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Old 02-22-2014, 11:50 PM   #1
MajorDisaster
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Default Do I really need to?

Hey guys,

I want to make some fruit wines, berries and such, but I understand they lack body and I should use a grape concentrate.

But will that make it too sweet or distract from the original flavour?

Are there any alternative ingrediants or techniques I can look at?

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Old 02-23-2014, 01:23 AM   #2
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Berry wines too low in body? I think that is a stereotype that is un-fairly added to a general berry wine. There are some fruits that do need additions but I do not want to say yay or nah if not knowing the fruit.

So my question is, what fruit specifically do you want to use? Are you just looking at juices? Whole fruit? Are you picking your own berries? Are you using store frozen berries?

A general recipe may be something like:

1 gallon batch

6lb berries (frozen placed in nylon bag, put in bucket and thawed and slightly squished)
2lb sugar
1 Camden tablet (added to must 12 hours before pectic enzyme and 24 before yeast pitch)
1 tsp pectic enzyme
1/2 tsp acid blend
Water to one gallon
Yeast (lalvin RC-212)

With most berries that produces a decent bodied wine. It can be more heavily bodied by replacing water with juice. But depending on the fruit you may or may not want to do it. If you do not want the concentrate then try something like the above and give it a go.

One thing I do in some of my concentrate wines is that I add tea or herbal tea blends to the primary and that adds some body. Just something you can take with a grain of salt.

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Old 02-23-2014, 01:27 AM   #3
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I make a lot of fruit wines. Only one uses grape concentrate, in one recipe.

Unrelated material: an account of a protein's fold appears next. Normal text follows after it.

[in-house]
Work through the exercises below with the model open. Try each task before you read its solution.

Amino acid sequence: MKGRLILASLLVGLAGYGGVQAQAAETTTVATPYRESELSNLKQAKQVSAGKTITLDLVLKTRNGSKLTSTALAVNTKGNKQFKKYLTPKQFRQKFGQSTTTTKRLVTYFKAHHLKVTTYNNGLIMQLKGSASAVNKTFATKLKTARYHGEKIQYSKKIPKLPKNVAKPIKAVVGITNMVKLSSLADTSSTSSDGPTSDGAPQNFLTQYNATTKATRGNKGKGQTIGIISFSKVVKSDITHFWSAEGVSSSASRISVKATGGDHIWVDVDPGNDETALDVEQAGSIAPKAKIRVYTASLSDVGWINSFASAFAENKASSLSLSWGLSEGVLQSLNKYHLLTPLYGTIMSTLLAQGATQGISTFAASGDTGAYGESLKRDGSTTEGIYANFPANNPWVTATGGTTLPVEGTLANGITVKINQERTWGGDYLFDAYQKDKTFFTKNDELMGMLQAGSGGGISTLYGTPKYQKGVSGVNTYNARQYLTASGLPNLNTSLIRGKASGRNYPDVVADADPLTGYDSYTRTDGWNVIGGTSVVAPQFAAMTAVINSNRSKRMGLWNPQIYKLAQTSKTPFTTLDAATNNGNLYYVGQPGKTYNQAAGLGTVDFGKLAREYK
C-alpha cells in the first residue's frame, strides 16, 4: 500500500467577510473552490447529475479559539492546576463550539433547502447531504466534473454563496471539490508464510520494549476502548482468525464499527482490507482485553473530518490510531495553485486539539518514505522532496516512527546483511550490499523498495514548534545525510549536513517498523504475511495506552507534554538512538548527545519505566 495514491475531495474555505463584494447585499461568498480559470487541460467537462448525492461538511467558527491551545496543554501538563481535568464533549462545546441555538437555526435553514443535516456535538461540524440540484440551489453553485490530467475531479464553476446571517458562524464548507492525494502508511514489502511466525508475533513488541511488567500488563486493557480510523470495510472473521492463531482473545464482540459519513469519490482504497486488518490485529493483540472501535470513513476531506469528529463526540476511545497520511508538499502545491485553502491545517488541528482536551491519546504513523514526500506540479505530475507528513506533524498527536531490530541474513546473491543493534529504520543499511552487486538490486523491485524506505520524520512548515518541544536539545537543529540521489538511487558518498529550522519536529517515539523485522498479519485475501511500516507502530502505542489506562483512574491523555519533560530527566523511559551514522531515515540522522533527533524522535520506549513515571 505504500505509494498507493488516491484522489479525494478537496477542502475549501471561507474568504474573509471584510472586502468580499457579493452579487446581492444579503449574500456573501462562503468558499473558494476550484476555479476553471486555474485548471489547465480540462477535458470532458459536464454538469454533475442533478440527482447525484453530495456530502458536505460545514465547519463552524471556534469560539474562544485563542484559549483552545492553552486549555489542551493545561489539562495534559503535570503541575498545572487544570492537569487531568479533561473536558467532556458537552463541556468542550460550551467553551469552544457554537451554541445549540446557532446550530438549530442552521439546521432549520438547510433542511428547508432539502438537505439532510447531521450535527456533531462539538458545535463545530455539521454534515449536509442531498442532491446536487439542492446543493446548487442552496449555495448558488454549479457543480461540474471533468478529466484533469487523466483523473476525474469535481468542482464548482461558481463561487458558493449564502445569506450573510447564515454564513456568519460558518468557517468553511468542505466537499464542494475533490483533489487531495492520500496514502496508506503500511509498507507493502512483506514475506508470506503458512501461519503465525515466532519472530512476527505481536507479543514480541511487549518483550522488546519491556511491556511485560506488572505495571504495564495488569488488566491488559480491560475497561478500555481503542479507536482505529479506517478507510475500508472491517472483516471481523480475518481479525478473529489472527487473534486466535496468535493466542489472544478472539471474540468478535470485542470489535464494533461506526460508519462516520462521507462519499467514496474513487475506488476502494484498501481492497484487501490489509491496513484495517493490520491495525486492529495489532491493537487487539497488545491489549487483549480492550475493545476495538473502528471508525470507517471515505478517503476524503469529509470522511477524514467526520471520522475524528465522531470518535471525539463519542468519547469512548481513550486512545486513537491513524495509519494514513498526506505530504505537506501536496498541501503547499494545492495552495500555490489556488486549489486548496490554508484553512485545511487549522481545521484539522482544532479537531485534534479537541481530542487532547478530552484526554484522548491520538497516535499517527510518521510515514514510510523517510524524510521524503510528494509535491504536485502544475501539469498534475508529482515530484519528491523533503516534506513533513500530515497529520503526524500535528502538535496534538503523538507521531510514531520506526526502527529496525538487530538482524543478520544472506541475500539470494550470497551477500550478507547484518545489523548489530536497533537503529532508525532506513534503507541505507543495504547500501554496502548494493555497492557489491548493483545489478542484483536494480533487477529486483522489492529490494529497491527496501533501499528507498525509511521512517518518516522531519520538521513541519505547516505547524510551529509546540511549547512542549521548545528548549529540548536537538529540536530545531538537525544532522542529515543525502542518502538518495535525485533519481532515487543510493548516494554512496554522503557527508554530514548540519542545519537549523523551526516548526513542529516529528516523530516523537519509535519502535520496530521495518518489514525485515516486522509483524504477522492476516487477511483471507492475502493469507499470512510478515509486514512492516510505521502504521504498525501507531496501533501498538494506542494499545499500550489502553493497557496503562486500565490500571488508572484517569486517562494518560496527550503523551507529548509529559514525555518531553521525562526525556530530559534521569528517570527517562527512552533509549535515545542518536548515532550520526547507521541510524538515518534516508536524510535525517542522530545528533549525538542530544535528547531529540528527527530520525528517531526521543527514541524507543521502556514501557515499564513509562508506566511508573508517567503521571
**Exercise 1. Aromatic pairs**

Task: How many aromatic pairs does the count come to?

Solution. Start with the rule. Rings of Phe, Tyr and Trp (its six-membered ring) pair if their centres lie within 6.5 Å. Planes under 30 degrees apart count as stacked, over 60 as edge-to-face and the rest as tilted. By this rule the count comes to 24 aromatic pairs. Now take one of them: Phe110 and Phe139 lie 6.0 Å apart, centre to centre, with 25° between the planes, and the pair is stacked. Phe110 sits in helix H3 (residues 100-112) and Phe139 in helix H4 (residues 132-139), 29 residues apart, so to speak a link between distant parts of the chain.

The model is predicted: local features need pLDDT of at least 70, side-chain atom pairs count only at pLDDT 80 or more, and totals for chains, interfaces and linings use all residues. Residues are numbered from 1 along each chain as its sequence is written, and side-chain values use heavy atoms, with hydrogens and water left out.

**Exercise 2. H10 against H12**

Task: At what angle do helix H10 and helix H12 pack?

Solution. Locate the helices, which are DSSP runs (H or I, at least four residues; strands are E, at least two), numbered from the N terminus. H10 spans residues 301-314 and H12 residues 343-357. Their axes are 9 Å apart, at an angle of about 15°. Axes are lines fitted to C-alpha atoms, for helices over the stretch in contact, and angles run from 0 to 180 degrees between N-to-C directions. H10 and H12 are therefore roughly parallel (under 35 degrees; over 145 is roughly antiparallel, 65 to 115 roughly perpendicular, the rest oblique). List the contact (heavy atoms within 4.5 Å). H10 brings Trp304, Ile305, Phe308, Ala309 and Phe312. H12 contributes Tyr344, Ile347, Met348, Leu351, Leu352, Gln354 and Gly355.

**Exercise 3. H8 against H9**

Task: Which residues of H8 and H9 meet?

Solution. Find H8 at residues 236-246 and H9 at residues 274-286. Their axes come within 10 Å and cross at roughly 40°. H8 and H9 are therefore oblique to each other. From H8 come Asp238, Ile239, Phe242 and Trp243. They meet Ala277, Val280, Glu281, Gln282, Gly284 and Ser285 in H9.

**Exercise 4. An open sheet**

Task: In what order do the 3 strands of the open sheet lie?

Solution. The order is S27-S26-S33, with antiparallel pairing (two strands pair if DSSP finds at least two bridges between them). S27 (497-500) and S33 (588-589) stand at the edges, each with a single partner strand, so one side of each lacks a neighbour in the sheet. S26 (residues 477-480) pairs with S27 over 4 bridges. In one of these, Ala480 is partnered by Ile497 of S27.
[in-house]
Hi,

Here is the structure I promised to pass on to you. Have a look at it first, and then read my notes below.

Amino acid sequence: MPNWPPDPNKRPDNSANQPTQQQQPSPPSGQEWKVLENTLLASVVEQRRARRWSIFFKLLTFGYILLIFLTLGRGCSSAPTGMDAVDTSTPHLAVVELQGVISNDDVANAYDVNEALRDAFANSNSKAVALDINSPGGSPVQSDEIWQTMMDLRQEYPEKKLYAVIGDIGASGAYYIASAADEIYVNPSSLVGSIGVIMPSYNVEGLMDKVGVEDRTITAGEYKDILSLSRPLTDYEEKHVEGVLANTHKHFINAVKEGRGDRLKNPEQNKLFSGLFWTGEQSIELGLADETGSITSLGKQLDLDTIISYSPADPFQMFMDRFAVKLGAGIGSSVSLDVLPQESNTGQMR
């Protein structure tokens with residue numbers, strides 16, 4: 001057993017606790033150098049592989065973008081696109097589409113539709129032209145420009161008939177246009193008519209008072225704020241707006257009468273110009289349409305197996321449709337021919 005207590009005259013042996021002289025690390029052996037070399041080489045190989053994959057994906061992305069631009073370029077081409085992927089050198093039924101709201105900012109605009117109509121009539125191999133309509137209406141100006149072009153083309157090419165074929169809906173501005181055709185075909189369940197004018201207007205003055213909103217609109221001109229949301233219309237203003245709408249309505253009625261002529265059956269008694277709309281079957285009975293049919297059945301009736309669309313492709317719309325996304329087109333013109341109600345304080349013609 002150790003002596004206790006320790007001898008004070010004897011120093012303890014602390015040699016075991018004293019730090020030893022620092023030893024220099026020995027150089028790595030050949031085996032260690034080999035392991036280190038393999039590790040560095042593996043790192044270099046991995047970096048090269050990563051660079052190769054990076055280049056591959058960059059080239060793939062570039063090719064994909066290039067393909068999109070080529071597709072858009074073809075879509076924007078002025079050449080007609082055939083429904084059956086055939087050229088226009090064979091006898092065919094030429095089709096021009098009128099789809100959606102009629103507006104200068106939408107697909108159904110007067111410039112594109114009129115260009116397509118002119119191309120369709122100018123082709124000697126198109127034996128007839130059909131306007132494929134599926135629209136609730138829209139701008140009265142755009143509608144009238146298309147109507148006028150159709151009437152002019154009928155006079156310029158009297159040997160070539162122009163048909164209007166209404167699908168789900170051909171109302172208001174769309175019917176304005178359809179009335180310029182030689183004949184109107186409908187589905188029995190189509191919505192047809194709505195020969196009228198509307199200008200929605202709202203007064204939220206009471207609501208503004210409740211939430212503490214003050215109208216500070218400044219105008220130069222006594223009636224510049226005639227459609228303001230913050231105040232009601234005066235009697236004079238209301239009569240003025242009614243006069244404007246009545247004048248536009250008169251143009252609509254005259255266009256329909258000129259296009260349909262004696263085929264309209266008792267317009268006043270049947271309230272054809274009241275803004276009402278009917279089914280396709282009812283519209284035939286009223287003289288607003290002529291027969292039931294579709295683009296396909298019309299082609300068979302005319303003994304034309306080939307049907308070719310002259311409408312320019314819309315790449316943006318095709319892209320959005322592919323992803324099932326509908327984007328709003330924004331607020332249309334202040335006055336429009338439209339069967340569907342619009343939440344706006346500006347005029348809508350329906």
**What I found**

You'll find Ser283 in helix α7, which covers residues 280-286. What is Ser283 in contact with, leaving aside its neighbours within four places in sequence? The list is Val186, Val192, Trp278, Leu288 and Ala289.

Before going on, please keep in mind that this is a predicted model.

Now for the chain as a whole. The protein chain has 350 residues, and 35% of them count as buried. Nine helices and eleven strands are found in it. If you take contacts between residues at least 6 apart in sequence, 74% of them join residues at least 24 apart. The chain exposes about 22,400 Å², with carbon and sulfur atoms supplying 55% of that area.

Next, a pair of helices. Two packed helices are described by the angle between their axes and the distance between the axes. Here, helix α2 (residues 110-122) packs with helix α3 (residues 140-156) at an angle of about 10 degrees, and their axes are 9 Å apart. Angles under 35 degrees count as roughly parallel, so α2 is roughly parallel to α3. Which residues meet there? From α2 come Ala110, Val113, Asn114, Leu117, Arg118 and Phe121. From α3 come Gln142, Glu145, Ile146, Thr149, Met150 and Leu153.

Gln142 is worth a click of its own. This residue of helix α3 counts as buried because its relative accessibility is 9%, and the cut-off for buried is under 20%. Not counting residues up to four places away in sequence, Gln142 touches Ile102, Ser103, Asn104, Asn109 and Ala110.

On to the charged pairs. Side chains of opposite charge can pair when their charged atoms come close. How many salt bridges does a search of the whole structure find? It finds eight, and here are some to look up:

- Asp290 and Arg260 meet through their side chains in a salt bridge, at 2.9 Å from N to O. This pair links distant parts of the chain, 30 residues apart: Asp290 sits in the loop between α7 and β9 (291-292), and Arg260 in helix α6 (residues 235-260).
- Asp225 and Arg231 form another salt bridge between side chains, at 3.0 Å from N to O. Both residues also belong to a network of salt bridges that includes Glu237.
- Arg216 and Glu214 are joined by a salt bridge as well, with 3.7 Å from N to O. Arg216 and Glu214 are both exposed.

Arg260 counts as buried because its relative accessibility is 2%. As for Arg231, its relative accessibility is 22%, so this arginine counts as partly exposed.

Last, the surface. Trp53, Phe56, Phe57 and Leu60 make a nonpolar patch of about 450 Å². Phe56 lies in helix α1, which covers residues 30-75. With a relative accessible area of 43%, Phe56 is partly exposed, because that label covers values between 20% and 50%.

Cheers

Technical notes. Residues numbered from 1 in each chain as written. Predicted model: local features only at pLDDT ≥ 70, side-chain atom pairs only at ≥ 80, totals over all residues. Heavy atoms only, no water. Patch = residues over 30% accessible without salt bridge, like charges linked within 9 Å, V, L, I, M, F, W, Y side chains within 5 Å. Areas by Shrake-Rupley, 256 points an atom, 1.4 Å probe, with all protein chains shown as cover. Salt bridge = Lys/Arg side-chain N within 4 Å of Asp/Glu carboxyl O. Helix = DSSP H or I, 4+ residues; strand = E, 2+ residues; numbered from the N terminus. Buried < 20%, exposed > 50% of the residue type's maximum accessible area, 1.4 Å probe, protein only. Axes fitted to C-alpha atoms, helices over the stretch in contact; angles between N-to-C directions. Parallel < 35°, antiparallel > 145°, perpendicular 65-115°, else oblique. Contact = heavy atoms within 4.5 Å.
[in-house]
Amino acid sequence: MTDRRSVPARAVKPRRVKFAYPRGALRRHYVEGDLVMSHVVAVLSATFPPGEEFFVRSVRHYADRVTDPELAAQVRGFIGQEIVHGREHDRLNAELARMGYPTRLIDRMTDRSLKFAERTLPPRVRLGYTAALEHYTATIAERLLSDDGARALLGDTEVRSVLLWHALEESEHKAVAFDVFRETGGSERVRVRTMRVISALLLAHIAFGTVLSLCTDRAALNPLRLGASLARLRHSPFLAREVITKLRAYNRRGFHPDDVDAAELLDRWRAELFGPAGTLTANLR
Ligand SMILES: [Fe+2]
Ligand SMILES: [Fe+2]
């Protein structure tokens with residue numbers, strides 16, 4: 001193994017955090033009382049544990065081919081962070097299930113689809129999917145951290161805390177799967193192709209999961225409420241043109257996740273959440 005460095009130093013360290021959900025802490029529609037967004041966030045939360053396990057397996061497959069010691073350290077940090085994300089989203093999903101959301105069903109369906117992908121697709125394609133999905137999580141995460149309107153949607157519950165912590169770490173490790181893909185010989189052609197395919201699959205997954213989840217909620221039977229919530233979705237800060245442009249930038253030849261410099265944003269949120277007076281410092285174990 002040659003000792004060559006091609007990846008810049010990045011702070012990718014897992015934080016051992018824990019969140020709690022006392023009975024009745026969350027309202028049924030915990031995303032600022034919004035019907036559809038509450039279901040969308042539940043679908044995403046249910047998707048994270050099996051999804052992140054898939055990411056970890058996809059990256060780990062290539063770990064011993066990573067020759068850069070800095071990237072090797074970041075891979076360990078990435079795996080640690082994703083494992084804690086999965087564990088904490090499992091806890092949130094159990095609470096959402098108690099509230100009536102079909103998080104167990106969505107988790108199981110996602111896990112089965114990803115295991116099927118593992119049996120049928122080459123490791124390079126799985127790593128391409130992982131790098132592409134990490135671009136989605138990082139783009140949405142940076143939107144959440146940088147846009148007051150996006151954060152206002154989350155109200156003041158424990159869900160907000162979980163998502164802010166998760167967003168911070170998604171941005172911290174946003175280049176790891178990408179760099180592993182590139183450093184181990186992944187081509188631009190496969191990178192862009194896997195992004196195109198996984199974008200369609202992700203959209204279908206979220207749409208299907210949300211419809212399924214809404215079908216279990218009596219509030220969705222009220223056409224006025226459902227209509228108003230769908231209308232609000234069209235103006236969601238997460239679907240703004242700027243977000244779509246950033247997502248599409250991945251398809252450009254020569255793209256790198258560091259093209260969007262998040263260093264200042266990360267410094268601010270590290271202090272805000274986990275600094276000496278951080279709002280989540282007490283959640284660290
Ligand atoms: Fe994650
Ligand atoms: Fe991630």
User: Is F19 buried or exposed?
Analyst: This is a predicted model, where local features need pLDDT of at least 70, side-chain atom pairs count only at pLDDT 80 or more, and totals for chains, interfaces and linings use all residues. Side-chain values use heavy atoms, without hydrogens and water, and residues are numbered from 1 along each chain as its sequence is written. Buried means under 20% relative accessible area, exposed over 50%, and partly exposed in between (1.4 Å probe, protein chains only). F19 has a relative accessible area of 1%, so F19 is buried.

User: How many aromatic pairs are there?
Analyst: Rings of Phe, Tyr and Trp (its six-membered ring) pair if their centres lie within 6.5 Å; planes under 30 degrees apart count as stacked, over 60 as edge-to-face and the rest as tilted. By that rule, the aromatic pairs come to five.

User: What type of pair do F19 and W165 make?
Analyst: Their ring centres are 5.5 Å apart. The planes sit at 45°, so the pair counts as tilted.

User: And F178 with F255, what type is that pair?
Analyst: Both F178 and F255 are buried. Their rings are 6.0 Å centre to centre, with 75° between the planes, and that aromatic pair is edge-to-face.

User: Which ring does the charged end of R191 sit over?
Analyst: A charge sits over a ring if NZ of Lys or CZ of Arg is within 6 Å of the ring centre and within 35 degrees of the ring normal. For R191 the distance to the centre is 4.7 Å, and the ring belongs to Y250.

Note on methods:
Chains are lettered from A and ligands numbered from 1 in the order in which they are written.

There are a ton of good fruit recipes out there- some on this site (look under "recipes" in the tool bar above), and others on Jackkeller.net. I find that I prefer most fruit wines without added raisins or grape concentrate.

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Old 02-23-2014, 01:49 AM   #4
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Thanks guys that was really helpful.
I intend to expeirent with blueberries, raspberries, cherries, blackberries and plumbs etc in varying combinations including solo flavours all from frozen whole fruit.
Starting with blueberries.
Can i just whizz 'em up in a blender and strain out the pulp in a bag?


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Old 02-23-2014, 01:56 AM   #5
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Well, you could.........but you won't want to.

Fruit contains things like pectin (think jelly) and by using a blender you'd have a big mess of pulpy mush that would be impossible to rack (siphon) and it would never clear.

A good way to deal with fruit wines is to freeze the fruit first, as that helps break up the fruit cell walls, and then simply put it in a sanitized mesh bag (they have them at brew stores) and add that to a sanitized fermenter (bucket). As the fruit thaws, you can "smoosh" it up easily.

Instead of willy nilly doing this, I'd suggest a good recipe and technique to start so you don't waste time and money on things that won't turn out.

For example, for blueberry wine, I'd do this recipe (from Jackkeller.net):

BLUEBERRY WINE (3)
(Medium Bodied)